‘X’, the roman numeral for ‘10’, was aptly used in social media graphics for the campaign’s largely virtual launch. More than 400 posts with a total reach of almost 630,000 online audiences were registered on December 5 alone. Besides using a custom Facebook frame, supporters shared photos and stories online to highlight the positive impacts of decent housing on families and communities as well as the benefits gained from volunteering on Habitat builds.

Armaan, volunteer from India

“Being part of a house build was undoubtedly a life-changing experience. Habitat India volunteers were way more fun and helpful than I imagined. It’s definitely an organization that’s by the people, for the people and of the people.” — Armaan, India

Chy, volunteer from Cambodia

“I learned how to facilitate and lead the youth to implement community-based projects...My favorite part of volunteering with Habitat Cambodia is sharing what I have learned from the HYLB Leadership Academy and my experiences with the youth and students in high schools.”
Chy, Cambodia

Other activities included:

JAPAN: Habitat’s campus chapters organized an online educational series on Habitat’s work and the Sustainable Development Goals and discussions on volunteer safety as well as volunteering virtually.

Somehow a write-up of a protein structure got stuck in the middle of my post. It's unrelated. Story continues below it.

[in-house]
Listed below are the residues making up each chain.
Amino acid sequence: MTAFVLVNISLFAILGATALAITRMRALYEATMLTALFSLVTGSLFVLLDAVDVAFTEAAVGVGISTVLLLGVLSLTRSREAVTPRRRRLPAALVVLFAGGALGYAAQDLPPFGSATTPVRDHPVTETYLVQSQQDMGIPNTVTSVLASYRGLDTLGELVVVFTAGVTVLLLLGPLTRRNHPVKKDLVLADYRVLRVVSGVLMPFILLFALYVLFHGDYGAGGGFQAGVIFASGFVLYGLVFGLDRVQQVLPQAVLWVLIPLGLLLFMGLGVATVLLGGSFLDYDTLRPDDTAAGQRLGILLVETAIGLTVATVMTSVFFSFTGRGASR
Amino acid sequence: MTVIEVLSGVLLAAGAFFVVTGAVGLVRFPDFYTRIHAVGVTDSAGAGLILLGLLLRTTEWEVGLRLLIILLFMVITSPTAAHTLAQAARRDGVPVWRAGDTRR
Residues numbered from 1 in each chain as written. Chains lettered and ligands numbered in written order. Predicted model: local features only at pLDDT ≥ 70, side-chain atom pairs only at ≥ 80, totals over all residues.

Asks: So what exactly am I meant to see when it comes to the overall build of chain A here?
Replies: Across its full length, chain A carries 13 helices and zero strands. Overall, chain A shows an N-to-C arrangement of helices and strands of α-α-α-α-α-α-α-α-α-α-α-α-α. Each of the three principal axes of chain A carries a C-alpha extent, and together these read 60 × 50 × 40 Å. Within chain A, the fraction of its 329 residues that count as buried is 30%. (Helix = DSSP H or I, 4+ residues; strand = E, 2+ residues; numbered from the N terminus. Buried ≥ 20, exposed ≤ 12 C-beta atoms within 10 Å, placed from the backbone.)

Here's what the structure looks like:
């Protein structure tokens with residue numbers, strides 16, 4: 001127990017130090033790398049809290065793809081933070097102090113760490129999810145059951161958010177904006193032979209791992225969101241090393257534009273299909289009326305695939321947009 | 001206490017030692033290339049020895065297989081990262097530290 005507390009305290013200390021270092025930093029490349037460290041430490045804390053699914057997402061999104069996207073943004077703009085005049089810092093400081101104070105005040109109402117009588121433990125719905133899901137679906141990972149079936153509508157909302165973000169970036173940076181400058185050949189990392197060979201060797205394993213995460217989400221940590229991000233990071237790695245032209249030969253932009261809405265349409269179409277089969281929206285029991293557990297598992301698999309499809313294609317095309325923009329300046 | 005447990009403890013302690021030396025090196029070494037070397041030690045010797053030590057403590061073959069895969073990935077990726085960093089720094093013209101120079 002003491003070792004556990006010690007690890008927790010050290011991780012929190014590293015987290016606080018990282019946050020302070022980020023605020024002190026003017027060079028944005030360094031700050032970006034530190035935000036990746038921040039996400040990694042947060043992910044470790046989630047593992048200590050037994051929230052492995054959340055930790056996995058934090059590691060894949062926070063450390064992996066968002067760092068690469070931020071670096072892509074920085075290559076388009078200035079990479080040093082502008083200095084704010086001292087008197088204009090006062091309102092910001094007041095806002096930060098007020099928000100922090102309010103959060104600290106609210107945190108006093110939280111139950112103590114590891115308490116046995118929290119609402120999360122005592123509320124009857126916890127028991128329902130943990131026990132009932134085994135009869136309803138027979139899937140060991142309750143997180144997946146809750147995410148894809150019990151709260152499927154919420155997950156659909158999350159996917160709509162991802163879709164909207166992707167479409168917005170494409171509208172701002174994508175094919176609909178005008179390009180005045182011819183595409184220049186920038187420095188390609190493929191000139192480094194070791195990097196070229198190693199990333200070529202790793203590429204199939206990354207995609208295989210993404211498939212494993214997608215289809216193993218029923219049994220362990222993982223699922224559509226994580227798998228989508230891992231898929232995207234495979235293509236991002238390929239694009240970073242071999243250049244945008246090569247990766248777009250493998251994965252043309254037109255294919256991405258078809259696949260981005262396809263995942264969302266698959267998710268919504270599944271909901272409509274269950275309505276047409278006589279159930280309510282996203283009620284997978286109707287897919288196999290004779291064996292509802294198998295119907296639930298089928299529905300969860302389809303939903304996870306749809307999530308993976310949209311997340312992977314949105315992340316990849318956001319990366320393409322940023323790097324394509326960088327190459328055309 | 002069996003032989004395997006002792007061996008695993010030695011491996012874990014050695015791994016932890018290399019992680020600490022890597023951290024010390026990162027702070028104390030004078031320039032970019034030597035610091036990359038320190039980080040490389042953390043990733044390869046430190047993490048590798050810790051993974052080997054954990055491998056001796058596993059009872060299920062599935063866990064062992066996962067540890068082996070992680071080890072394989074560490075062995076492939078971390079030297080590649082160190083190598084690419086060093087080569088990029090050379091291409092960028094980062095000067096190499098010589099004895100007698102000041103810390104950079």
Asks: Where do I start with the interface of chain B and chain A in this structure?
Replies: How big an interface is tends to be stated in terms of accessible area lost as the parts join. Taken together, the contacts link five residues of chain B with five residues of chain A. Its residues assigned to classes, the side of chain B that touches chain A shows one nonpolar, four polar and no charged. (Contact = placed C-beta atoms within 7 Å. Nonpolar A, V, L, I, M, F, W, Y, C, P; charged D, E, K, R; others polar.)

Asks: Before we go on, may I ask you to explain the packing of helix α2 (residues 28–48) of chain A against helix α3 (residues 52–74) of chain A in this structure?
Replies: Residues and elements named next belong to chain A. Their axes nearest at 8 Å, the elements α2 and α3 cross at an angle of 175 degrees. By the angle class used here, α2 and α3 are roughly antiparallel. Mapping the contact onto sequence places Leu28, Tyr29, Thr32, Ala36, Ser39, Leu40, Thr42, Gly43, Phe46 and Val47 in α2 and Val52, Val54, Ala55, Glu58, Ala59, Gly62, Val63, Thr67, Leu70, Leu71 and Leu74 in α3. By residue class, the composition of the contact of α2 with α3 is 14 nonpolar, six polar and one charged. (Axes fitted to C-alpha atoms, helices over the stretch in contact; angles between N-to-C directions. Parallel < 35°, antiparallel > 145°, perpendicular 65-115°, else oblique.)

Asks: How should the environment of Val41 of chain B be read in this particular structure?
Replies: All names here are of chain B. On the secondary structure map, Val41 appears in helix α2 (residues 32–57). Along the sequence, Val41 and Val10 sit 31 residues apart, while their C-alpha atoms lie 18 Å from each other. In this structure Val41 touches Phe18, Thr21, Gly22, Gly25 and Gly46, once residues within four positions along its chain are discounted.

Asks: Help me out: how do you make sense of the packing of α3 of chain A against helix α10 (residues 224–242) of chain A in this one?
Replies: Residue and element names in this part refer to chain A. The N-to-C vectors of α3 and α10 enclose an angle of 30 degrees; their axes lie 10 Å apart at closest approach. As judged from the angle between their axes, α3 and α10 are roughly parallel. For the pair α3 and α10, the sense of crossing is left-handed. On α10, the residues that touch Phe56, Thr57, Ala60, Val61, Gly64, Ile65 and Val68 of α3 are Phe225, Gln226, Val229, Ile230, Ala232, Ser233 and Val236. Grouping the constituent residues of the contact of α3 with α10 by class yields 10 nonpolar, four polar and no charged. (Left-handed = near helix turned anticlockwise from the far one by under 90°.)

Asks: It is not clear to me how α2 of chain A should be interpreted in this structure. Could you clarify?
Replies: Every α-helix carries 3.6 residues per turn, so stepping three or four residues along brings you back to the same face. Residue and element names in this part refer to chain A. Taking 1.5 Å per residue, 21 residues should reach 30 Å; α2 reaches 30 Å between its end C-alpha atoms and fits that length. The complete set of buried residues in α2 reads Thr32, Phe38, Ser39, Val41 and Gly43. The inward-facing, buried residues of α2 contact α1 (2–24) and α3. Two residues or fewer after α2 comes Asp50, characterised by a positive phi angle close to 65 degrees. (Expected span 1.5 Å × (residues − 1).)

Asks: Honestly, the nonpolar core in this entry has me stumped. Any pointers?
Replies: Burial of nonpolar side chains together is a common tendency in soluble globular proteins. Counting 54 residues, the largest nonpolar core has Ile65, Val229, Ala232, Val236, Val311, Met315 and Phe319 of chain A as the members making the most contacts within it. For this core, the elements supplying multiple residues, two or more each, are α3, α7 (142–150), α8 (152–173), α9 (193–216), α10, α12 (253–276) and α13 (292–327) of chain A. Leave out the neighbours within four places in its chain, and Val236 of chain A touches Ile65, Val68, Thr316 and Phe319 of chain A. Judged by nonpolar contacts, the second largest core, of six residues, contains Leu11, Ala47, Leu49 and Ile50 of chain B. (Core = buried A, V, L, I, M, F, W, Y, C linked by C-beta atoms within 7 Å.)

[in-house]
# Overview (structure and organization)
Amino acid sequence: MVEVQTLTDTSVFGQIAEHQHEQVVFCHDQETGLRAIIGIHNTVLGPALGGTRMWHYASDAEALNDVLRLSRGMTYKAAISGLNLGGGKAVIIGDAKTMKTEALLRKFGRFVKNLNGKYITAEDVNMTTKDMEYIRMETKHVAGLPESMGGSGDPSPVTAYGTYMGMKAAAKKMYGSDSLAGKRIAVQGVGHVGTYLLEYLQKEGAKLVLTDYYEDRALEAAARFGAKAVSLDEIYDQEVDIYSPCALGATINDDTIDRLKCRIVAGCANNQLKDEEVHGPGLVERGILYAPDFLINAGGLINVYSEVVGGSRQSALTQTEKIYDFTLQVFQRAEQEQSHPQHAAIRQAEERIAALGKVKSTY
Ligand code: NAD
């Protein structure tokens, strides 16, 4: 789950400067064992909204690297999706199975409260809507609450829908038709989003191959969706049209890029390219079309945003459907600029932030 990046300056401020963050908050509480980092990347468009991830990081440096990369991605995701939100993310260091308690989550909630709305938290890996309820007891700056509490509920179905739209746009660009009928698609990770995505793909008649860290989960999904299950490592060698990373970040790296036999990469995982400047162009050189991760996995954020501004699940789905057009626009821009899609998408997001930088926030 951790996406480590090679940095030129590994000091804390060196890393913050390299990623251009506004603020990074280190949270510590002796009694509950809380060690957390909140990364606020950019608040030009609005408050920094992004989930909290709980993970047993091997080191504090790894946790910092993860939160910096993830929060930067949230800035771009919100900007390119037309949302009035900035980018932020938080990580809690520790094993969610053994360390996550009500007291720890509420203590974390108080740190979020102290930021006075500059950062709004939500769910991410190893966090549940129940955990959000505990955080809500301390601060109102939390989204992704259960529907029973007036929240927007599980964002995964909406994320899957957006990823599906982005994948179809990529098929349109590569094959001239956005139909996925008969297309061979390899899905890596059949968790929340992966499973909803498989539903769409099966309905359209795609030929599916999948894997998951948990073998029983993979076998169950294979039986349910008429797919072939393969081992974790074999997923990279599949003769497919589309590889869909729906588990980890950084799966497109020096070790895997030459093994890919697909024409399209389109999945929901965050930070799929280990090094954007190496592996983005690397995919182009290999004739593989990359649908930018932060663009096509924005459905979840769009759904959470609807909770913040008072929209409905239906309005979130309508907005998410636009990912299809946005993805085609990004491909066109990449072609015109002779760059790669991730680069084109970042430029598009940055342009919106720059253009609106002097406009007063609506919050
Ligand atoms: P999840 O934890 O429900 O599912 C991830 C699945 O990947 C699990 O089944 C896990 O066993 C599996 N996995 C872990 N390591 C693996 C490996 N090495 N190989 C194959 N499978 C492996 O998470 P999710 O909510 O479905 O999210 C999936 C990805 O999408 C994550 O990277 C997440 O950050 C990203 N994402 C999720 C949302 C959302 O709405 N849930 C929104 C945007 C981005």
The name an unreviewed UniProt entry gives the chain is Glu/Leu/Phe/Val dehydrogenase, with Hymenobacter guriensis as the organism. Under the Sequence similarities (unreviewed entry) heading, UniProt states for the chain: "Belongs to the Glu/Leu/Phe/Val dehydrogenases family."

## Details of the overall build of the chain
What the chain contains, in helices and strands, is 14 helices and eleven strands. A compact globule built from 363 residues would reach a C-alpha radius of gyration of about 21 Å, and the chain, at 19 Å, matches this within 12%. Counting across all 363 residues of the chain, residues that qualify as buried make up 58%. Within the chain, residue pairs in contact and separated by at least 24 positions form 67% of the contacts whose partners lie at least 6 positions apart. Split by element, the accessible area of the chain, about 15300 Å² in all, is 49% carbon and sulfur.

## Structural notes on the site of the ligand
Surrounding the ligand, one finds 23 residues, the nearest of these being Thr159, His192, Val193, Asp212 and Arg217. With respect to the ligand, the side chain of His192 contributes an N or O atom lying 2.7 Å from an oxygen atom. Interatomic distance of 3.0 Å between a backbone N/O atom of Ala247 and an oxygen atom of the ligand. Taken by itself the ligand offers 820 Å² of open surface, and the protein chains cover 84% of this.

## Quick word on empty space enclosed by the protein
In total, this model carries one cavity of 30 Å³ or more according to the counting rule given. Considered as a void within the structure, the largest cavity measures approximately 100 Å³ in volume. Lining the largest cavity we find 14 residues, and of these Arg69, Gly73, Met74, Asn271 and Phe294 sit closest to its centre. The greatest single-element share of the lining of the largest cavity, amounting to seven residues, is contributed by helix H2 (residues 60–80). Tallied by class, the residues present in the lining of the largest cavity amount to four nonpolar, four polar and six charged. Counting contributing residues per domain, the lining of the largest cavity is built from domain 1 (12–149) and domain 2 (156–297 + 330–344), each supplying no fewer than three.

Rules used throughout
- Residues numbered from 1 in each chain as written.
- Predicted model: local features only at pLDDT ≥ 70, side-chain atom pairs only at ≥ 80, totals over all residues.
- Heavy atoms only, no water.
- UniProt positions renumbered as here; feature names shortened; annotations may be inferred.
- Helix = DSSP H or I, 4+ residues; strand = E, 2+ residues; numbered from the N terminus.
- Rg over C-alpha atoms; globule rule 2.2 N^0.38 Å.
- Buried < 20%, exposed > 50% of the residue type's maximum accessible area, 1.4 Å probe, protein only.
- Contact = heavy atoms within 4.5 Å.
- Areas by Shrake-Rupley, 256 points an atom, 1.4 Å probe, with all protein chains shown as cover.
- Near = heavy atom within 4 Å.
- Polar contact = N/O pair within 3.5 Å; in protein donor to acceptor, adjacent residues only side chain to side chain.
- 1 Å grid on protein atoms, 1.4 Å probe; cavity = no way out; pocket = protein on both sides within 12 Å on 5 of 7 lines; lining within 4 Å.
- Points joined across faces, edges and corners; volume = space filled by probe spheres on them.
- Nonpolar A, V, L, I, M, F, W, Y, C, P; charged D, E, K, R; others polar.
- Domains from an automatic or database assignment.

SINGAPORE: a total of 26 volunteers from the Hwa Chong Institution, Raffles Institution and Yale-NUS Habitat campus chapters helped five older people to clean their homes during a Project HomeWorks activity.

INDIA: more than 1,700 participants cumulatively ran more than 10,000 kilometers in 10 cities during ‘VolRUNteer.’ The event was organized by Habitat India to raise awareness of the campaign as well as funds for its response to the COVID-19 pandemic. Since December, over 50 young leaders have raised at least 100,000 Indian rupees (over US$1,300) each through ‘VolRUNteer’ and crowdfunding sites.

India participants (left) and a Singapore volunteer in respective Habitat Young Leaders Build activities

In India, not only did Habitat staff member Srichana (left) and her younger sister Yashaswini (center) in Bengaluru take part but they also inspired nine more young people to take part in the ‘VolRUNteer’ activity. Over in Singapore (right), a volunteer was among others who helped clean up homes under Project HomeWorks.

INDONESIA: a virtual meeting called ‘RUMAH’ (meaning ‘house’ in Indonesian) marked the campaign’s launch with participants representing United Nations Volunteers and Habitat in Indonesia and the Philippines as well as academe. One of the youth speakers, Jacqueline Handoyo, declared: “I absolutely love Habitat. The day I volunteered for them was the day I discovered that my true purpose in life is bigger than myself. It gives me a reason in life to wake up every morning and to work hard because there’s a world out there that needs nurturing and needs our help. I truly fell in love with helping people in need and felling true fulfillment/gratitude through giving.” After taking part in ‘RUMAH,’ Hannah Dermawan and Louisa Nakamura, both 15, have started raising funds to improve a house and a school in Jakarta.